Immigration, Assimilation, Ethnicity and All That Jazz

Don’t you LEARN from Stereotypes? Doctors, Geisha and All That Jazz

Posted by chinesecanuck on July 25, 2008

A post in Racialicious yesterday about stereotypes opened a discussion between me and another poster. The other poster had replied to a thread on stereotypes that she would like a stereotype free home for her child. There’s no such thing. Everything out there is a stereotype. Cristina Yang (doctor of Korean descent) from Grey’s Anatomy is as much of a stereotype as Cio-Cio San (Madame Butterfly). Oh yeah, I forgot. A doctor is POSITIVE, while a geisha who commits seppuku is not. Especially if she gives up her life because she proves “tragic beauty and nobility by sacrificing yourself for the white man and abandoning your hapa kid!” (post number 61). I guess she doesn’t realize that Pinkerton, the American character is a stereotype too. The stereotype of the Evil American who Just Doesn’t Care. The authors of the story (can’t give Puccni all the credit, since it was adapted from a John Luther Long play, which was in turn, adapted from a Pierre Loti (yeah, French dude) work) were trying to show the West’s cruelty.

Another poster said:

…whatever Puccini and his collaborators had in mind, somehow that’s not what’s being seen on the stage–that’s why Madame Butterfly is such a contested piece of art. Especially when Madame Butterfly is still seen in a country, like the US, that continues to stereotype APIA women as “submissive girls.” So, Madame Butterfly is seen, therefore, as another vehicle that folks just looooove as art but perpetuates that stereotype.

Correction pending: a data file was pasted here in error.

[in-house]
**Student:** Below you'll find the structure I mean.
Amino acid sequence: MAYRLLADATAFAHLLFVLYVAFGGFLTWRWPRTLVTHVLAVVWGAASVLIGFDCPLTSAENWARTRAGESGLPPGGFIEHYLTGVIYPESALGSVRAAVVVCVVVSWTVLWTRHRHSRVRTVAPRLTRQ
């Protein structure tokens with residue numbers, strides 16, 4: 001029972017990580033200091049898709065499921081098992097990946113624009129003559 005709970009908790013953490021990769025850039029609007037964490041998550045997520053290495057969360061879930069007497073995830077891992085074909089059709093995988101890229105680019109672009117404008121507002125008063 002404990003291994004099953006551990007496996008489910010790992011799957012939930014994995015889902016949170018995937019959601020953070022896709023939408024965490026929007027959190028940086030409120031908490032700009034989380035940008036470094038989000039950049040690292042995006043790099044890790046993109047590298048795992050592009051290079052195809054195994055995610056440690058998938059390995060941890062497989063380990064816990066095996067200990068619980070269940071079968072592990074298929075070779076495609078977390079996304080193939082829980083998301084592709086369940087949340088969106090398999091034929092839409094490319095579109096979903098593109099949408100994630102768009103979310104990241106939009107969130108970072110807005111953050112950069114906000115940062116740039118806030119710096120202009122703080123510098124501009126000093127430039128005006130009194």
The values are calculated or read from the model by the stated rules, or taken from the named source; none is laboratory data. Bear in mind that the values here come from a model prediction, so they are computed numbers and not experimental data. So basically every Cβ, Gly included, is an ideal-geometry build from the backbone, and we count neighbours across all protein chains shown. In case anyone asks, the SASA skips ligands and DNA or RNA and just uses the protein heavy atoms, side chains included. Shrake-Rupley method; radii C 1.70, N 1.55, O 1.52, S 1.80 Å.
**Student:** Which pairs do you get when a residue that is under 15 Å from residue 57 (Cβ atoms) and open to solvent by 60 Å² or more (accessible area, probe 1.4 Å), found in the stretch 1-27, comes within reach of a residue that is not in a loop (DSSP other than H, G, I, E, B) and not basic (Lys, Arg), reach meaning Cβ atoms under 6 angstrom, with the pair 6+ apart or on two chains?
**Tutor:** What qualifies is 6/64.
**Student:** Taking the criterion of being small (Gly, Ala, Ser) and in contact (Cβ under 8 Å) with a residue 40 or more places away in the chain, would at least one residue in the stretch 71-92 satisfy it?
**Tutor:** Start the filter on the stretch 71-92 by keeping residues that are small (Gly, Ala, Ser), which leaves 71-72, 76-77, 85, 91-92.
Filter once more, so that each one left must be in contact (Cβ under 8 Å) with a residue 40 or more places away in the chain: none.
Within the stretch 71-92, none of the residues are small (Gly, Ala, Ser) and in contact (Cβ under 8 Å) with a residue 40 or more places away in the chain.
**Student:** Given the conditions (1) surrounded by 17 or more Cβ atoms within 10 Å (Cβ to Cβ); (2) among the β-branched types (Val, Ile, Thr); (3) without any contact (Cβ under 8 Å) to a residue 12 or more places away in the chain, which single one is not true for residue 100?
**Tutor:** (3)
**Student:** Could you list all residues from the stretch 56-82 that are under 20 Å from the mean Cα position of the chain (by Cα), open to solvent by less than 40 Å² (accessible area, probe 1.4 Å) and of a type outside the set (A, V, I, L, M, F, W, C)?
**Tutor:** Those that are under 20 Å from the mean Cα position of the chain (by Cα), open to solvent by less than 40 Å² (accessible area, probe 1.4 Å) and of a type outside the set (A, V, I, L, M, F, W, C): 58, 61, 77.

I don’t understand this point because I also see the evilness of the west (represented by Pinkerton) and the east (represented by Butterfly) being a victim of the evilness. However, one stereotype I DO see is that Butterfly is a love-struck teen.

So really, what *IS* supposed to be shown on TV, film, etc when it comes to non-whites? You can’t make an Asian woman too submissive/tragic, because it’s stereotypical/racist. She can’t be a bitch either, because that’s the dragon lady stereotype. She probably can’t be a doctor (or accountant), because that’s what lots of Asian parents want their kids to become (nor can she be a music prodigy….Asian parents stereotypically send their kids to CLASSICAL music lessons). Maybe that’s why writers have trouble putting non-white characters on TV. They’re worried that someone will be turned off.  In any case, it’s probably better to confront stereotypes and learn why it’s wrong than to ignore it all together.


One Response to “Don’t you LEARN from Stereotypes? Doctors, Geisha and All That Jazz”

  1. Nice piece. Very thoughtful.
    When I was in California, we called a group of girls “The Joy Luck Club”. We never thought of it as racist. These were our friends (three young hot Asian girls). One day at lunch, Mary-Joy (one of the girls) expressed that she was offended by their given name. We called the spoiled white girl clique; 9021-ho’s and thought of “Joy Luck” as being a compliment. I still speak to the girls but never refer to them as “JLC”.
    We all learn.

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